Speaking of messes Derek made: Ivy’s pregnancy hormones have led her to insult Hit List, cheerily telling a group of fans that the show only made it to Broadway because Kyle Larsoned. The jab, naturally, is captured on video and immediately posted on YouLenz. After a heart-to-heart with Sam, Ivy decides that the only way to get herself together is to tell her ex about the baby face-to-face. So she heads to the Outer Critics Circle Awards ceremony, conveniently held at what’s become The Only Bar in Town. At Table 46, she and Derek — who’s been avoiding her calls, mostly because of the whole lawsuit thing — have a promising conversation that ends with the promise of another meeting that night. There, she’ll finally spill the beans about the bun in her oven. Oh yeah — these two are gonna raise history’s most insecure, lecherous kid. Maybe they can name him Liberace.

Ivy then tries to make amends with Jimmy, apologizing for what she said about Kyle’s death. Predictably, he’s not exactly the forgiving type — leading Julia and Tom to come see what the fuss is about, which leads Karen and Derek to do the same, which leads to a big fight, which finally leads to Eileen rolling her eyes, marching over, and telling the kids to stop their whining RIGHT THIS SECOND or she’ll turn this car around and NOBODY will get to go to Disney World.

NEXT: Four reasons to wish Smash‘s fake Imitation of Life musical existed

And with that, everyone starts magically acting like the grown-ass people they are. Kidding! But Jimmy, at least, starts behaving a little less petulantly, mostly because Karen puts him in time-out (a.k.a. Hit List‘s audience) and he realizes that the show will be Kyle’s legacy, whether or not his dearly departed pal gets recognized by the American Theatre Wing. Julia also slinks up to Jimmy after the performance, telling him that while she’s not going to lie about what she did for Hit List, she’s also not going to lie about what Peter the Dramaturg (hey, remember him?) did for her and for Bombshell. “Artists shouldn’t feel ashamed about helping each other,” she says as “The More You Know” music swells. “It shouldn’t always be a competition.” Spoiler Alert: Soft thinking like this is what leads to a dead kid beating you for Best Book.

Karen and Derek’s Muse/Artist connection is so profound that she just knows he’s sitting at Table 46 that night, waiting to meet up with Ivy. She and Ana go from Hit List‘s theater to the bar, where Ana tells her ex-director that she’s going to take his Once buyout and drop the suit. Wait — why? There must have been some explanatory scene here that got cut for time; otherwise, there’s really no good reason given for Ana’s quick 180. Anyway, she does add that she still hasn’t forgiven Derek, and that she knows he wouldn’t have stopped his gross behavior unless she had exposed him. Then Ana leaves… revealing Ivy, who suddenly starts rethinking the whole baby daddy thing. She, too, leaves, after sadly telling Derek that he’s never done the right thing.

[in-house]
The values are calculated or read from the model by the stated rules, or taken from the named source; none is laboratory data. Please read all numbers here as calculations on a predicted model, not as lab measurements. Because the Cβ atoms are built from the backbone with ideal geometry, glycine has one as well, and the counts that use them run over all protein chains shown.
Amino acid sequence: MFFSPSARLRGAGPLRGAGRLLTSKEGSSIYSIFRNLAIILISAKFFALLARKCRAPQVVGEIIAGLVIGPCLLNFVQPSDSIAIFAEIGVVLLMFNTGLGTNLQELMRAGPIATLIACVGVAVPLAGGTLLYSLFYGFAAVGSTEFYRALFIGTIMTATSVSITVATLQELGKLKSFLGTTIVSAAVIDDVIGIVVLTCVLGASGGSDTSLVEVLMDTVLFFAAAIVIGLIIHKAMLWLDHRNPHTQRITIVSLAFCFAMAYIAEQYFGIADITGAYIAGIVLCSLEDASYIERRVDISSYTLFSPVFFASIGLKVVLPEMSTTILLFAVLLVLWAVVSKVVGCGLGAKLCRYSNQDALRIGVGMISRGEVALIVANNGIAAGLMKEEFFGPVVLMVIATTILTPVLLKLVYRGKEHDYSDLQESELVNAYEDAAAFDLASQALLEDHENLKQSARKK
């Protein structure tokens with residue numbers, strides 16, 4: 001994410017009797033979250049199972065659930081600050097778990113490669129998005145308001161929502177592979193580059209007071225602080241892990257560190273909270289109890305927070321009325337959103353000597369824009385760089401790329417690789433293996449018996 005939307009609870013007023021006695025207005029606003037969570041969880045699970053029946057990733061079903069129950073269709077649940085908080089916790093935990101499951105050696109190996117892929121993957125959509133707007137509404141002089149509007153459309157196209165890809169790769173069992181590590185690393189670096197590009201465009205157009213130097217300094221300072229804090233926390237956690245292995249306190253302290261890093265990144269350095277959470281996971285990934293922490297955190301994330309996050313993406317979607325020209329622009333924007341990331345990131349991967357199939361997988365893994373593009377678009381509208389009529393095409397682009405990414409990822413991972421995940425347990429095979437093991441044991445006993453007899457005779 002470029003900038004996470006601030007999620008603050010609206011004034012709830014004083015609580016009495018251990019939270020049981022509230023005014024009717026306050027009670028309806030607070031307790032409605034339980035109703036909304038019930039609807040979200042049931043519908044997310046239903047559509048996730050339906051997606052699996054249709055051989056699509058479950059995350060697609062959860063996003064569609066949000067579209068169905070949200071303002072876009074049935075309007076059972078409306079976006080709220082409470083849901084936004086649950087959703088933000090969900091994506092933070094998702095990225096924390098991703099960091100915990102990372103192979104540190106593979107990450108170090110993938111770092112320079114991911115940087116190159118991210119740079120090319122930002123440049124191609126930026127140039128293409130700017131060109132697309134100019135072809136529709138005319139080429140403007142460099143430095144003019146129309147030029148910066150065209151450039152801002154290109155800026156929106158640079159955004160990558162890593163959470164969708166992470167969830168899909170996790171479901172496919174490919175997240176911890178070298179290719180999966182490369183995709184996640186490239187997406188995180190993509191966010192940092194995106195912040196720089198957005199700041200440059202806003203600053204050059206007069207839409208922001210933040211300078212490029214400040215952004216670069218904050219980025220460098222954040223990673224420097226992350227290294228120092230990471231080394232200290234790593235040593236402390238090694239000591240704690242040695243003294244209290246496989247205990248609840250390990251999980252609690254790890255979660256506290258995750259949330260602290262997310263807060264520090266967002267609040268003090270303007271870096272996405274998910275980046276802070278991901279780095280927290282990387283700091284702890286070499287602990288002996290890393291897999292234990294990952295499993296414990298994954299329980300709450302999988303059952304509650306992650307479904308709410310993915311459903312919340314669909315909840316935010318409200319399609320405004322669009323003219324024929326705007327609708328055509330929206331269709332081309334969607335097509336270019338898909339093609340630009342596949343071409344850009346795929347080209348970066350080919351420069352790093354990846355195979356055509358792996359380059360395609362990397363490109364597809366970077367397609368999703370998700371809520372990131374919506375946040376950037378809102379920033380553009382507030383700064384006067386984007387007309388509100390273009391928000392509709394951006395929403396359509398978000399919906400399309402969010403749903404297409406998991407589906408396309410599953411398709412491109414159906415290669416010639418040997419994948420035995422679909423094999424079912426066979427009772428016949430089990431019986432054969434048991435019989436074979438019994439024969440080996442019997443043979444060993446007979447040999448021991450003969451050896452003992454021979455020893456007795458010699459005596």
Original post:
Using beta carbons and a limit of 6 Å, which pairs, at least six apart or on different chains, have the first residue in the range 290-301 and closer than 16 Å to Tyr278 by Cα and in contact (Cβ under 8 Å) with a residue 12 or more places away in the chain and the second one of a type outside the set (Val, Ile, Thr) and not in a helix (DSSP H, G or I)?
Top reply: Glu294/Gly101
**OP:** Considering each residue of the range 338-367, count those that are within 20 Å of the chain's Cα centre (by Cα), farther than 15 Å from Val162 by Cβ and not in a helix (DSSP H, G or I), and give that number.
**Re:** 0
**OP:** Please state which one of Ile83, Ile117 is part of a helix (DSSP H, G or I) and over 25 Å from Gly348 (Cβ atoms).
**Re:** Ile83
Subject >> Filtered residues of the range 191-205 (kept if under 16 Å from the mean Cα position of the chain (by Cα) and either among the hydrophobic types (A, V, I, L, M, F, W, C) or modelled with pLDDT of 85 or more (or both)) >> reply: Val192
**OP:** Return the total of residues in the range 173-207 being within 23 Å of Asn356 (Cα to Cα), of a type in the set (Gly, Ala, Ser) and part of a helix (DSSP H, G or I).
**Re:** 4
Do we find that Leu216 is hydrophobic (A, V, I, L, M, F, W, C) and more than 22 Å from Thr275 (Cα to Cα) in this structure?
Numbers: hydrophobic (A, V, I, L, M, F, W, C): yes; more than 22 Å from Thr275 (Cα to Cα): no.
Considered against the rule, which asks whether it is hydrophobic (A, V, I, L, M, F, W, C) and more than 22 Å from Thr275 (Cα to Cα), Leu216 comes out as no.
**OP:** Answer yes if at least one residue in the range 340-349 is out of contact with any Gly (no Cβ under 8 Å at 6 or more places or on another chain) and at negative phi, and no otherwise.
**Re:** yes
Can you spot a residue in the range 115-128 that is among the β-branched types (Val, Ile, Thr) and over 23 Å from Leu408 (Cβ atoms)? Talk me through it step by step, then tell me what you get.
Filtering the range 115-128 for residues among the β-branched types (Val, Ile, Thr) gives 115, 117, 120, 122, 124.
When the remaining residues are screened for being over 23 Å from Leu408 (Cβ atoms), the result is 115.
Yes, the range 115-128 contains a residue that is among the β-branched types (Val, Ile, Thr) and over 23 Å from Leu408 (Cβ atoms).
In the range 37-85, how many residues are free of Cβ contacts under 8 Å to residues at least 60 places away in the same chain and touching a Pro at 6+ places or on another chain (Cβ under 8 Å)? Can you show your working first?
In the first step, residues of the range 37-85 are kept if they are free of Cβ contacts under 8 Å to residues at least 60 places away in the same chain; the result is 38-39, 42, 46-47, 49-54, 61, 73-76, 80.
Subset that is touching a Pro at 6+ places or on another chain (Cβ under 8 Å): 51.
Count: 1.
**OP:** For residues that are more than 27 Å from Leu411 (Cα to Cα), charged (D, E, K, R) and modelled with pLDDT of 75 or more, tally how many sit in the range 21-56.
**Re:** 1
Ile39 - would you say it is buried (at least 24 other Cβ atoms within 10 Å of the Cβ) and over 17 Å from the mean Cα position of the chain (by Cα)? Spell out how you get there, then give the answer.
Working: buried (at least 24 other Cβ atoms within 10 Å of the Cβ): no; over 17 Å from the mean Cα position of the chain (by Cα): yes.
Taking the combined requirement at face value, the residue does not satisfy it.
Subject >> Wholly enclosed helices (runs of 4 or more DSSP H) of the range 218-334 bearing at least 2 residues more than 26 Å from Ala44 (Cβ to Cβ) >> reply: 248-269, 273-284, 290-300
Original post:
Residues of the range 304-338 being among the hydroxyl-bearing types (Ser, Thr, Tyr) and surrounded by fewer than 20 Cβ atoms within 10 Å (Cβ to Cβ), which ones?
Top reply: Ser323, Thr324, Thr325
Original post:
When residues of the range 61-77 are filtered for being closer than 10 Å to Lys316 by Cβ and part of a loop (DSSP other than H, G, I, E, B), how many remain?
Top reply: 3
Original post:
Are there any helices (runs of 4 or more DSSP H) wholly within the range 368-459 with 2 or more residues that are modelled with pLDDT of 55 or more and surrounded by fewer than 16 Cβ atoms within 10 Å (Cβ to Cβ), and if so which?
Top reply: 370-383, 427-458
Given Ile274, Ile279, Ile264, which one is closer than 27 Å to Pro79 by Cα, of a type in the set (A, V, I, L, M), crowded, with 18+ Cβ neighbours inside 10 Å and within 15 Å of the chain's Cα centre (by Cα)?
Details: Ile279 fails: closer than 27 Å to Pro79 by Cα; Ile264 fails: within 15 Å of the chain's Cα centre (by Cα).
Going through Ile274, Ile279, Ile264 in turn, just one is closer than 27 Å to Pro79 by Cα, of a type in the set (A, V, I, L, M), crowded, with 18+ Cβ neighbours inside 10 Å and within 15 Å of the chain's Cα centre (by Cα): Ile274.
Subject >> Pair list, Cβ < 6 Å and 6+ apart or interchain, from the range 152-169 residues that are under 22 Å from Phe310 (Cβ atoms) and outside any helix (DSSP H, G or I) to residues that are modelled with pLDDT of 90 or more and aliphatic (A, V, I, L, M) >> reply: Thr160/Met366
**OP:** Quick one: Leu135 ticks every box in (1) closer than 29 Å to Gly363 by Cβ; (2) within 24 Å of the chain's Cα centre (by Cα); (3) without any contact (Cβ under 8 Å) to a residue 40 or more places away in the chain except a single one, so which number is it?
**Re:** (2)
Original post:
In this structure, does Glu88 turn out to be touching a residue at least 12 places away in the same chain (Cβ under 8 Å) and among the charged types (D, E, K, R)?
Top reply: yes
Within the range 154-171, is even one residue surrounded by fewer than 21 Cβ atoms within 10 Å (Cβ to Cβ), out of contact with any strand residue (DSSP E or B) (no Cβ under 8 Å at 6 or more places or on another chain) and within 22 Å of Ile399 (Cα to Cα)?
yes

Bummed out? Don’t be — because here come Christine Ebersole and Cheyenne Jackson to announce the Tony nominees! The ones we care about (sorry, Best Scenic Design for a Play):

Featured Actress in a Musical

Leigh Conroy, Bombshell

Ivy Lynn, Liaisons

Lindsay Mendez, The Last Good Year

Anika Noni Rose, Imitation of Life

Daisy Parker, Hit List


Casey Nicholaw, The Gathering Storm (Easter Egg alert: He also directed an episode of Smash earlier this season)

Susan Stroman, Imitation of Life

Derek Wills, Bombshell

Derek Wills, Hit List

Book of a Musical

Kyle Bishop, Hit List

Harvey Fierstein, The Gathering Storm

Julia Houston, Bombshell

David Lindsay-Abaire, The Last Good Year

According to the announcers, Kyle’s the youngest person ever nominated for this award. (For what it’s worth, Larson died at 35 and would have been 36 if he had lived to collect his own Best Book Tony.)

Original Score

Tom Levitt and Julia Houston, Bombshell

Jimmy Collins, Hit List

Jeanine Tesori and Tony Kushner, Imitation of Life

Wow, Imitation of Life has an amazing team. Anyone else really starting to wish it existed?

NEXT: And finally, the category we’ve all been waiting for…

Director of a Musical

Rob Ashford, The Gathering Storm

Tom Levitt, Bombshell

Diane Paulus, Oliver!

Derek Wills, Hit List

Derek, apparently, is the first person to be nominated for three Tonys in one year since Bob Fosse, who managed that feat in both 1986 and 1976.

Lead Actress in a Musical

Kate Baldwin, Seesaw

Karen Cartwright, Hit List

Sutton Foster, Oliver!

Audra McDonald, House of Flowers

We’re friends, so I can admit that this is precisely what I wrote in my notes after these nominees were announced: “WHAT?!?! THIS IS BULLSH– I HATE EVERYTHING.” And then Christine Ebersole opened her beautiful mouth and announced that she’d actually missed one name: Ivy Lynn, for Bombshell. Heart attack averted!